• displacement: bleeding, redness, swelling, fluid leakage, blanching, pain or discomfort, loss of arterial waveform on the monitor
    • Infection: Swelling, redness, exudate, pain, temperature chang

Accidental displacement of the arterial cannula will require immediate application of pressure to the site for 5-15 mins or until bleeding has stopped

Removal of Peripheral Arterial Cannula

Peripheral Arterial cannula should be removed when no longer required, or if there are complications or contraindications.


  1. Withdraw the cannula and apply pressure to the site with a piece of sterile gauze for 5 minutes. Ensure that the circulation to the hand or foot is maintained.
  2. Check to see if the bleeding has stopped if it hasn’t apply pressure for a further 2- 3 minutes before checking again. Continue until bleeding has ceased
  3. Cover the site with a small piece of gauze and tape.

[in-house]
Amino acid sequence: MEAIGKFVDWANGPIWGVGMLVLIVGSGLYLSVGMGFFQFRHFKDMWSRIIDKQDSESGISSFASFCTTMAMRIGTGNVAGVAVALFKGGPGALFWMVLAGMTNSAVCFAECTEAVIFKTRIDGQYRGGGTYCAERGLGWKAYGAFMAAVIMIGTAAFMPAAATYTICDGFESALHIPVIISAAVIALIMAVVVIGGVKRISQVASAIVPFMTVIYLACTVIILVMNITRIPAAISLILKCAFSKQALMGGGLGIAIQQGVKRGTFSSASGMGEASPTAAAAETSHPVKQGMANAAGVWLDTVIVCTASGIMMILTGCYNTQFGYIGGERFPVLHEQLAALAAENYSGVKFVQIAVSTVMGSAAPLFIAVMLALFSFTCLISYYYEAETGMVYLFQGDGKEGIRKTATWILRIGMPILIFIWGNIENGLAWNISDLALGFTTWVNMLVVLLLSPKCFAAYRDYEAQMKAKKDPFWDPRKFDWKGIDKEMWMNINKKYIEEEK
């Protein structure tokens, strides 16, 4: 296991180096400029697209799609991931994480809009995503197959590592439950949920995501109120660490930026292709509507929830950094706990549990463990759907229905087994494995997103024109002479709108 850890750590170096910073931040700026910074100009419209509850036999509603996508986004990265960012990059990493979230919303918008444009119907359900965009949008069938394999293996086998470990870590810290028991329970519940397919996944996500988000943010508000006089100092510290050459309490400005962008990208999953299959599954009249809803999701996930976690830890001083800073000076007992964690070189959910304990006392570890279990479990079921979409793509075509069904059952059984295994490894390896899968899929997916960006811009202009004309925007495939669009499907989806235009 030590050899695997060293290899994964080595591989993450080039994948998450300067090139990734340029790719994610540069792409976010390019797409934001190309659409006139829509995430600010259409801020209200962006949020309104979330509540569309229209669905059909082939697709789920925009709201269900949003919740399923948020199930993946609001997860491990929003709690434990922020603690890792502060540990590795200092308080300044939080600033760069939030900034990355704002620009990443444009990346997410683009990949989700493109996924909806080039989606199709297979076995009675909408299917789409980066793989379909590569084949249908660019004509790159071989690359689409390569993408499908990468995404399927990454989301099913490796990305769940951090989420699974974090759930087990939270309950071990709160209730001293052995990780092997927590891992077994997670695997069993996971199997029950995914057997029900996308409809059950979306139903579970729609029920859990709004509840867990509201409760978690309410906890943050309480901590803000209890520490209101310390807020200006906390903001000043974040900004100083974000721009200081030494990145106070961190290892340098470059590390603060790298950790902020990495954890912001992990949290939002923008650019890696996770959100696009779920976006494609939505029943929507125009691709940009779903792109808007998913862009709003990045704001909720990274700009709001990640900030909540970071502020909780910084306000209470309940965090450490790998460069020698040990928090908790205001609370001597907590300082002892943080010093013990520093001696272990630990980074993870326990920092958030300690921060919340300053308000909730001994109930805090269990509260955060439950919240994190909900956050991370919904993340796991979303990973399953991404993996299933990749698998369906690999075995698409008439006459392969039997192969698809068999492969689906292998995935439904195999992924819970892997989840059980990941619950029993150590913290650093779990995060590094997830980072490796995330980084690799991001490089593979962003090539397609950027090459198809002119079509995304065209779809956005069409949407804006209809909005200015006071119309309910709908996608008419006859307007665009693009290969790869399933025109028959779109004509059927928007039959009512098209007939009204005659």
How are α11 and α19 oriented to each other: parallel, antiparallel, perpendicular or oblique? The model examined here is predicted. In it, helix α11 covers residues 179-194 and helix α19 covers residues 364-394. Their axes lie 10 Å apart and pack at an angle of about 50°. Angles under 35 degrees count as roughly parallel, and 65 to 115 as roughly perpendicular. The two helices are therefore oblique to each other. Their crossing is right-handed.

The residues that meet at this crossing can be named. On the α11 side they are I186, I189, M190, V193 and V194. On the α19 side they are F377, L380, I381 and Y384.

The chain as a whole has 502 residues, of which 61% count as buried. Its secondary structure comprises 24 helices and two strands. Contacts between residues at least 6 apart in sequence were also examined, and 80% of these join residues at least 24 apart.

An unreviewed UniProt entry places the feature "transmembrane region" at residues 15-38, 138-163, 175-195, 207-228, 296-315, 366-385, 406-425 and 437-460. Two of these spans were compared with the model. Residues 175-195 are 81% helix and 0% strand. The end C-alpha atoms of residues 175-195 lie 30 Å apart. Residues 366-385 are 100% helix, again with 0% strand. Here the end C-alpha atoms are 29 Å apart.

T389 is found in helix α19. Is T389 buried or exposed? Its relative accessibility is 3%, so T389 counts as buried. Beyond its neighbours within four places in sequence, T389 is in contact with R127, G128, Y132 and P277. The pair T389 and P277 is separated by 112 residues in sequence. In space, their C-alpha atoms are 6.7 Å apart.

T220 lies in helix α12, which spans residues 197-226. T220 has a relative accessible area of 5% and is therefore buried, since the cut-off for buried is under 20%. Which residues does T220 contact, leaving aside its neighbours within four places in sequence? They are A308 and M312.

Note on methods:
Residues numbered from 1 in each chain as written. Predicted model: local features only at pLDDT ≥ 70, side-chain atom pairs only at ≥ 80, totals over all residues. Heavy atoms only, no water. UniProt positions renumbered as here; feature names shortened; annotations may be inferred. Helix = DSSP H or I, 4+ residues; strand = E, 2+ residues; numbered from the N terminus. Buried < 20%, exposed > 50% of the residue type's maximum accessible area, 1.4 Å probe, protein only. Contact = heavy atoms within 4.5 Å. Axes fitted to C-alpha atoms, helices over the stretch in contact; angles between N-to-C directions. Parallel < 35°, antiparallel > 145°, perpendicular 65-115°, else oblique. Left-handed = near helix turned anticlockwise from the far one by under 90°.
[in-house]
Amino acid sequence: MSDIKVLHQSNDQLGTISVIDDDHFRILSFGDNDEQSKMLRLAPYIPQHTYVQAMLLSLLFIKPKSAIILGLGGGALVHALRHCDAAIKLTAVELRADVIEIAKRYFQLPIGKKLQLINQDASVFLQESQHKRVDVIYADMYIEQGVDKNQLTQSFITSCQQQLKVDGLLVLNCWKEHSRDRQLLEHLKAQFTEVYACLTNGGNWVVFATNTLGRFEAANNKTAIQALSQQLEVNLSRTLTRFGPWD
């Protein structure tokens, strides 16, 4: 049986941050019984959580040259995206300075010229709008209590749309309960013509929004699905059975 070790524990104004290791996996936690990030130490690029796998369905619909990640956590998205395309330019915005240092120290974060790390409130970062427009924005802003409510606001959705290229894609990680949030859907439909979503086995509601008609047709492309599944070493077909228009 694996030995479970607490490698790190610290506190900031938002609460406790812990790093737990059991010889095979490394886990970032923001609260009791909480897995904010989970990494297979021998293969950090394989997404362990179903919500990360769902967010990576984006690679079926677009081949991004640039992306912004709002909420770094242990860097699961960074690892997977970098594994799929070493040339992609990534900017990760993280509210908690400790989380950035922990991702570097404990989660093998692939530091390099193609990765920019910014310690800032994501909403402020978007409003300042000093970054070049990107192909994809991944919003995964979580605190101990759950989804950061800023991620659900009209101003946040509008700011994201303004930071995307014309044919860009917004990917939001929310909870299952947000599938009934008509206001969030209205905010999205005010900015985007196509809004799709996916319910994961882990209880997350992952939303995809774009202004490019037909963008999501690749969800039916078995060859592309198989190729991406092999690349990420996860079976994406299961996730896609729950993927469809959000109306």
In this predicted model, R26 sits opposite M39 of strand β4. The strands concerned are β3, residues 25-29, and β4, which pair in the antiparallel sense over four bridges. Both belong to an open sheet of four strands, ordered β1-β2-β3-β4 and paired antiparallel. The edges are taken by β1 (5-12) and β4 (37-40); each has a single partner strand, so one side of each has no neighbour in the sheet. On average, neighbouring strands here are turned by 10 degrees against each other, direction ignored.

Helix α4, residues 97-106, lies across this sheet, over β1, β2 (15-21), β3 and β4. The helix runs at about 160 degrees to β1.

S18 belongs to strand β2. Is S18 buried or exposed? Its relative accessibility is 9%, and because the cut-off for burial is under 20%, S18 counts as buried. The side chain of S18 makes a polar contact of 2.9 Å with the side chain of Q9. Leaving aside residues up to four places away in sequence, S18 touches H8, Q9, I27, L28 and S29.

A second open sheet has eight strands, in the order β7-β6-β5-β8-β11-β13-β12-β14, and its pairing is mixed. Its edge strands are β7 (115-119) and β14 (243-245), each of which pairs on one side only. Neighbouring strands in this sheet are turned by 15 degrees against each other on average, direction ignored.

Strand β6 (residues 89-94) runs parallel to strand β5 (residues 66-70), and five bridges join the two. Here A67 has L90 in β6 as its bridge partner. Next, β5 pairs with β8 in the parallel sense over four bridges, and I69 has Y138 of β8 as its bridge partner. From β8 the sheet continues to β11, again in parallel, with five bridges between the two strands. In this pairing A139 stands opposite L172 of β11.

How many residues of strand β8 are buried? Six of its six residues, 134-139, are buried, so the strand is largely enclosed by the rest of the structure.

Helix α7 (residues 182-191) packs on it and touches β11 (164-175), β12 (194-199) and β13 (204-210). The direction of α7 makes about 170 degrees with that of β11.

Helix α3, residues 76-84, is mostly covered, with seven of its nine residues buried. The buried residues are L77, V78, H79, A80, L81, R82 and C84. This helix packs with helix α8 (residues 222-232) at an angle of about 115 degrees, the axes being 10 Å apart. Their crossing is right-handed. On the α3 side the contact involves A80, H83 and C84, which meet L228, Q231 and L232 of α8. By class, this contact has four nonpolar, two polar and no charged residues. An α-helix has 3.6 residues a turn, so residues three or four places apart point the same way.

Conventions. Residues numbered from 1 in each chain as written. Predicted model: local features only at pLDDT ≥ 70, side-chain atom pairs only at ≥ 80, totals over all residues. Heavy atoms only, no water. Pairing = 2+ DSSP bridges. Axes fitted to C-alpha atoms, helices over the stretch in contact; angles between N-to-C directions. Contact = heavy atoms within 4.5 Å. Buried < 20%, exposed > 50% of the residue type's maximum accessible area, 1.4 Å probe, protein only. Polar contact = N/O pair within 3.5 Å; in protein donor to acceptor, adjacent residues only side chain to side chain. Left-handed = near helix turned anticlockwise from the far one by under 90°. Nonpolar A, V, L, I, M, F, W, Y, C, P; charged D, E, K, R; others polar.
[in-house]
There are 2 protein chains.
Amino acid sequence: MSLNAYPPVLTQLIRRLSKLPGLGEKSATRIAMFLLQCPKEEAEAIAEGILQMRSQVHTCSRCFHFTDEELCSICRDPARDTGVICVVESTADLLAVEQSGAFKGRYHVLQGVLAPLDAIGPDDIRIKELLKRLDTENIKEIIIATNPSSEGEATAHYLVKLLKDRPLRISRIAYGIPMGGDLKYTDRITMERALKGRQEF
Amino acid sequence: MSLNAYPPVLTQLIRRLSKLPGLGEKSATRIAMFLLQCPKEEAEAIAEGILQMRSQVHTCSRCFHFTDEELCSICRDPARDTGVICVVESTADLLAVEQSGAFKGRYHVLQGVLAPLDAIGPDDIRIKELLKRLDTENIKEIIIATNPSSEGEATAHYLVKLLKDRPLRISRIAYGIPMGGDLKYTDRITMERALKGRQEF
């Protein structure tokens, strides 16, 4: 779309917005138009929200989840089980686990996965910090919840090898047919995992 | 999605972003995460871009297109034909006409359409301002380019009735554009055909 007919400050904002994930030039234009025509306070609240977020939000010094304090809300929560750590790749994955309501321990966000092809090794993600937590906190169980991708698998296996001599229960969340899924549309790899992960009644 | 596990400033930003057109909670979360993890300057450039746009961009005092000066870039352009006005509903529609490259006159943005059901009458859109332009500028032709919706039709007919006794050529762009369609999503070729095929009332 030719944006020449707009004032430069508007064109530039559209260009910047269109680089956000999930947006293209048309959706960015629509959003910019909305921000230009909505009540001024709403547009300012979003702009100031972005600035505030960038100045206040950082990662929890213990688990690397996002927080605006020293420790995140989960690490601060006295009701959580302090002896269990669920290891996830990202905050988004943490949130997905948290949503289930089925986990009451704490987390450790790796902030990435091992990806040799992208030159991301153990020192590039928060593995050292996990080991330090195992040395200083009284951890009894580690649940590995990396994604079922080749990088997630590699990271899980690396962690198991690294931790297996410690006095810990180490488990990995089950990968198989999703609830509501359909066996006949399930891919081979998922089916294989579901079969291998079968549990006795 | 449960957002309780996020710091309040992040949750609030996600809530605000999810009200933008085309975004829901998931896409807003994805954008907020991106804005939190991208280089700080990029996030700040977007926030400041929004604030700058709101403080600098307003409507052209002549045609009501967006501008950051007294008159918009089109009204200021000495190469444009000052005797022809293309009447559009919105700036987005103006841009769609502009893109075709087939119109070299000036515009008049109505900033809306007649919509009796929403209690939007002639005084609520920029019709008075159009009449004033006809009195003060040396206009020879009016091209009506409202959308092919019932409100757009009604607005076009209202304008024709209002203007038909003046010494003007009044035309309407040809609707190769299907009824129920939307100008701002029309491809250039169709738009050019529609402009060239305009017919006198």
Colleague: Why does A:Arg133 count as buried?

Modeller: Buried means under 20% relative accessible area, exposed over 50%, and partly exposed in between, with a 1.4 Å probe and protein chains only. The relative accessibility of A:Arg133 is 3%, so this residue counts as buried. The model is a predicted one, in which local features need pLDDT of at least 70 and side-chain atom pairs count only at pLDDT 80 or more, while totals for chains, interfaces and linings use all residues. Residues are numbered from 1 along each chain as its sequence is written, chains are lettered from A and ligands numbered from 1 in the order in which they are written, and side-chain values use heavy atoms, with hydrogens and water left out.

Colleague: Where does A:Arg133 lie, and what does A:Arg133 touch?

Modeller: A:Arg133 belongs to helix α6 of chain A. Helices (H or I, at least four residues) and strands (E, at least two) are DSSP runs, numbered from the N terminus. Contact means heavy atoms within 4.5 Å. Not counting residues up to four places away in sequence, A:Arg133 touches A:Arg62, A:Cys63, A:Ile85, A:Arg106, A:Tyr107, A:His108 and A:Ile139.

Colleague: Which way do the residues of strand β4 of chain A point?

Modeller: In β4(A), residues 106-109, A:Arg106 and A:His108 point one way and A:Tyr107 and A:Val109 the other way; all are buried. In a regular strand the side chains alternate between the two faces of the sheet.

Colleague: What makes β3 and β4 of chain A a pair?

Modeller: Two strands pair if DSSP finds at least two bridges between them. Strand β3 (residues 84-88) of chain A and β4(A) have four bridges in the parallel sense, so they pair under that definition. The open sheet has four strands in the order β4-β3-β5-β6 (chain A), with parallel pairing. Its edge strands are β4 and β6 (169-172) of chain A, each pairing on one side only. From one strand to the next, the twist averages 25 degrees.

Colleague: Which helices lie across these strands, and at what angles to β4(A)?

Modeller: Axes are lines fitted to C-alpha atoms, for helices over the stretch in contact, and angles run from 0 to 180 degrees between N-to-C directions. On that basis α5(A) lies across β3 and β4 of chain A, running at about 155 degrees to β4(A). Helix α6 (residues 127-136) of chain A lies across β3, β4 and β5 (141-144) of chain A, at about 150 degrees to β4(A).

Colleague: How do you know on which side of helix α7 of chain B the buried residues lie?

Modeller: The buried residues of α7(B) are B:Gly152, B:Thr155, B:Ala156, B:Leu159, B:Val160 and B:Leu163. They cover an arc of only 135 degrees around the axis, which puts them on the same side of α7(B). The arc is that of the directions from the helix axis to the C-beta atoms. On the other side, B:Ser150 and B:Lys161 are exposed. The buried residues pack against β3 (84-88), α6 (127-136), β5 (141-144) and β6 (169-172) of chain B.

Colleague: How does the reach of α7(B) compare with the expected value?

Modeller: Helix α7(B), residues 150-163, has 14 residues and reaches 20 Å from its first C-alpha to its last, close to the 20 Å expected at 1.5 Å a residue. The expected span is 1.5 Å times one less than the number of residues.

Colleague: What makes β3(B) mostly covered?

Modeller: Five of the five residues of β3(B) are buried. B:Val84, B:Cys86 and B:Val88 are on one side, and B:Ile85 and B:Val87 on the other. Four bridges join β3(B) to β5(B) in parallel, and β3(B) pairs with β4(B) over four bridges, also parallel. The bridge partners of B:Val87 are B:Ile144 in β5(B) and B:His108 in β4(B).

4. Document that the arterial line has been removed in the infants’ record and on the observation chart.
  5. If an arterial line is removed because of concerns about the circulation distal to the insertion site, document this and highlight to ensure that future attempts at cannulation avoid the site. If perfusion does not return within a few minutes of removal this must be brought to the attention of the consultant medical staff.
Blood Pressure Monitoring

Continuous arterial blood pressure monitoring will be carried out on all babies with intra-arterial lines in situ. Arterial waveform analysis provides valuable information as well as the absolute systolic and diastolic pressures. The normal wave should have a sharp peak systole upstroke and a definite end diastole.